This month Thunder Valley CDC was delighted to be a host to the Enterprise Rose Architectural Fellows for one of their annual retreats. The Enterprise Rose Architectural Fellowship pairs early-career architectural designers with local community development organizations, where they facilitate an inclusive approach to development to create green, sustainable, and affordable communities. We interviewed a few of the fellows to hear about their work, their thoughts on visiting Pine Ridge, and what they hope for the future. From all of them came a common theme: resilience.
“I think this visit is timely because Puerto Rico is going through this hurricane right now so my mind is really focused on resiliency,” says Irene Figueroa Ortiz, a Rose Fellow working at A Better City, but originally from Puerto Rico. “I see a lot of development issues in Puerto Rico are really similar to the challenges I see here. Structures of oppression have made a lot of our people feel disempowered –– I mean, planning and design has not been led by our communities, but fully led by the federal government. Our communities’ destinies in deciding how our public spaces look have been taken away from us and basically designed by policy.”
Nick Satterfield, who is working as a Rose Fellow with the New Orleans Redevelopment Authority shares his perspective on being, as he describes it, “In some ways being the face of that injustice, since I am the government now.” However, he sees a lot of potential for community impact in his position, when the approach acknowledges a community’s experience. “Nick Tilsen talking about the role of healing and spiritual work was important,” he says. “In New Orleans people are still impacted by racial issues, economic inequality, and the very real impact that Hurricane Katrina had. We just saw two extremely powerful hurricanes go one either side of New Orleans and seeing people anticipate reliving that experience has given me a really intimate view of that pain. So for me, coming at this from a healing perspective, we have to be open to hearing peoples’ pain as we transform not only physical systems, but also the processes in place. I think a lot of times people in power talk about ‘you need to take ownership of your life and you need to take ownership of this or that’ but I think that we at the government level really need to take ownership of the processes we created & we need to figure out how to heal as a population.”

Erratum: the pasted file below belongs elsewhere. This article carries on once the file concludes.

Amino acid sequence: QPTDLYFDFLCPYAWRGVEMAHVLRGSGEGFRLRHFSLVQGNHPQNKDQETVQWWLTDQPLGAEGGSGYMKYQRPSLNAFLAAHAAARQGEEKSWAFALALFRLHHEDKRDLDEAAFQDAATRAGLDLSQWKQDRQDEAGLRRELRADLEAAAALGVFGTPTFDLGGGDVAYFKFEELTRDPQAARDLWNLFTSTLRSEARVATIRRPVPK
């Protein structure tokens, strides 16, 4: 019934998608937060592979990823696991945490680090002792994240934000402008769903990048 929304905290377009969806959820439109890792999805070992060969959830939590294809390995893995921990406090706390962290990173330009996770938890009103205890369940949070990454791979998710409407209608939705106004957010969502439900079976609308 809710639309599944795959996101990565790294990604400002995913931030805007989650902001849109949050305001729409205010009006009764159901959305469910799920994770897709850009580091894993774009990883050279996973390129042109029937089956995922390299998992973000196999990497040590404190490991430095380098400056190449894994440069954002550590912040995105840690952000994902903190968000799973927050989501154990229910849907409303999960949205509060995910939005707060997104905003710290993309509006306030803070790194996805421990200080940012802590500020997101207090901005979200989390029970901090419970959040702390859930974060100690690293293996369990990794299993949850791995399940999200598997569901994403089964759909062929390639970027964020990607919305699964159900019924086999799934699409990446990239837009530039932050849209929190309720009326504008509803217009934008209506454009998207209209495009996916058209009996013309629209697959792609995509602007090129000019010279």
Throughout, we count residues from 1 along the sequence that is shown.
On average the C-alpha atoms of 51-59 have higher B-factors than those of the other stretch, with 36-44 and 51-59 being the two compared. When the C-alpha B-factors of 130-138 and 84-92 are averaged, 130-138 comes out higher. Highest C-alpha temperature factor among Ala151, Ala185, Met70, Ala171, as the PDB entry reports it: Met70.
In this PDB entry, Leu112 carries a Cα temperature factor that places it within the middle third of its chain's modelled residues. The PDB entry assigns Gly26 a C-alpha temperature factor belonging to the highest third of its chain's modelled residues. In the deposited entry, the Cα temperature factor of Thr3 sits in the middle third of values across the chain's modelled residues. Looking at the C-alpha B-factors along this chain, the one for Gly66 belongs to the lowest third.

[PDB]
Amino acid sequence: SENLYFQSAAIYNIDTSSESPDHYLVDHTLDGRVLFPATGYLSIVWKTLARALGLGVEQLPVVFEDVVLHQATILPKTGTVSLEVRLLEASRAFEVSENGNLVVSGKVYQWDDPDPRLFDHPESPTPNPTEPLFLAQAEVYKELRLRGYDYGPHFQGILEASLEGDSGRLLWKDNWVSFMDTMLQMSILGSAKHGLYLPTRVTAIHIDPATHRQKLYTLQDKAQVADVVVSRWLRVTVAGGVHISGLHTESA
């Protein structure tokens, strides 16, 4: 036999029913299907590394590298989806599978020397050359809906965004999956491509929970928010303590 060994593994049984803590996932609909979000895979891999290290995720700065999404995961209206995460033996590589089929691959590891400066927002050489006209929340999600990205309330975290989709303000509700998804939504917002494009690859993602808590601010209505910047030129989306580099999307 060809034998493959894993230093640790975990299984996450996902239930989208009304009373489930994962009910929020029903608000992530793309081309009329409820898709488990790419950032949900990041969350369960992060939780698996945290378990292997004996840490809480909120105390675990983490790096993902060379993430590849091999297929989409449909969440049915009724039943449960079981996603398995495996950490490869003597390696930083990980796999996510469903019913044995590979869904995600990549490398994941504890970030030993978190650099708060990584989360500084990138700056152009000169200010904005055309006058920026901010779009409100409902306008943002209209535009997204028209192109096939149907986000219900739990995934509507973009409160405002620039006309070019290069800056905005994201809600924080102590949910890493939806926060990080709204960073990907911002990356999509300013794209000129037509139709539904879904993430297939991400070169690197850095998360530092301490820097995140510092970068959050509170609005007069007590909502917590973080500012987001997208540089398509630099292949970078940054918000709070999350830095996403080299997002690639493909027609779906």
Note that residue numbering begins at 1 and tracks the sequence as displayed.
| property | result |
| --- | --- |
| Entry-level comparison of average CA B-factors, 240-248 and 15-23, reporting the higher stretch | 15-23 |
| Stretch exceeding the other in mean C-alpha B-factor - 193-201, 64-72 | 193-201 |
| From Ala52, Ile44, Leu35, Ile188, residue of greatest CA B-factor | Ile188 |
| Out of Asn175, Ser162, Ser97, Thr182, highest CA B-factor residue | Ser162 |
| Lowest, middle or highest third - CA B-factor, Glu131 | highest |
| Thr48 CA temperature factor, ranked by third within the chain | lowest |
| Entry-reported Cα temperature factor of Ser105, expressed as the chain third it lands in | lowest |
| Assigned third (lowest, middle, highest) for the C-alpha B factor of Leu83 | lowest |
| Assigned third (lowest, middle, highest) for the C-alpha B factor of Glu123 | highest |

In any development work that there are layers of planning, design, and policy that factor into a project’s feasibility, but community engagement is not a consistent thread throughout mainstream development practices. In cities where redevelopment is focused on profit, often the communities directly impacted have little involvement in what happens to the spaces they call home. In the Bay Area, where housing for the booming technology industry is pushing long time residents of low-income neighborhoods out to make way for higher paying tenants, gentrification is increasing inequity.
“I don’t work so much with physical infrastructure as I do social infrastructure, weaving threads of trust between different communities,” says Annie Ledbury, who is a Rose Fellow with the East Asian Local Development Corporation in Oakland. “There is a shift in the way people perceive Oakland, so there is a kind of cultural digging in your heels happening. But there are ways to embed your culture in the walls because there a really rich culture in Oakland –– lots of metal workers, dancers, artists –– and public space is a way to recognize that and really honor it. So I really appreciated the way artists are a common thread here as well.”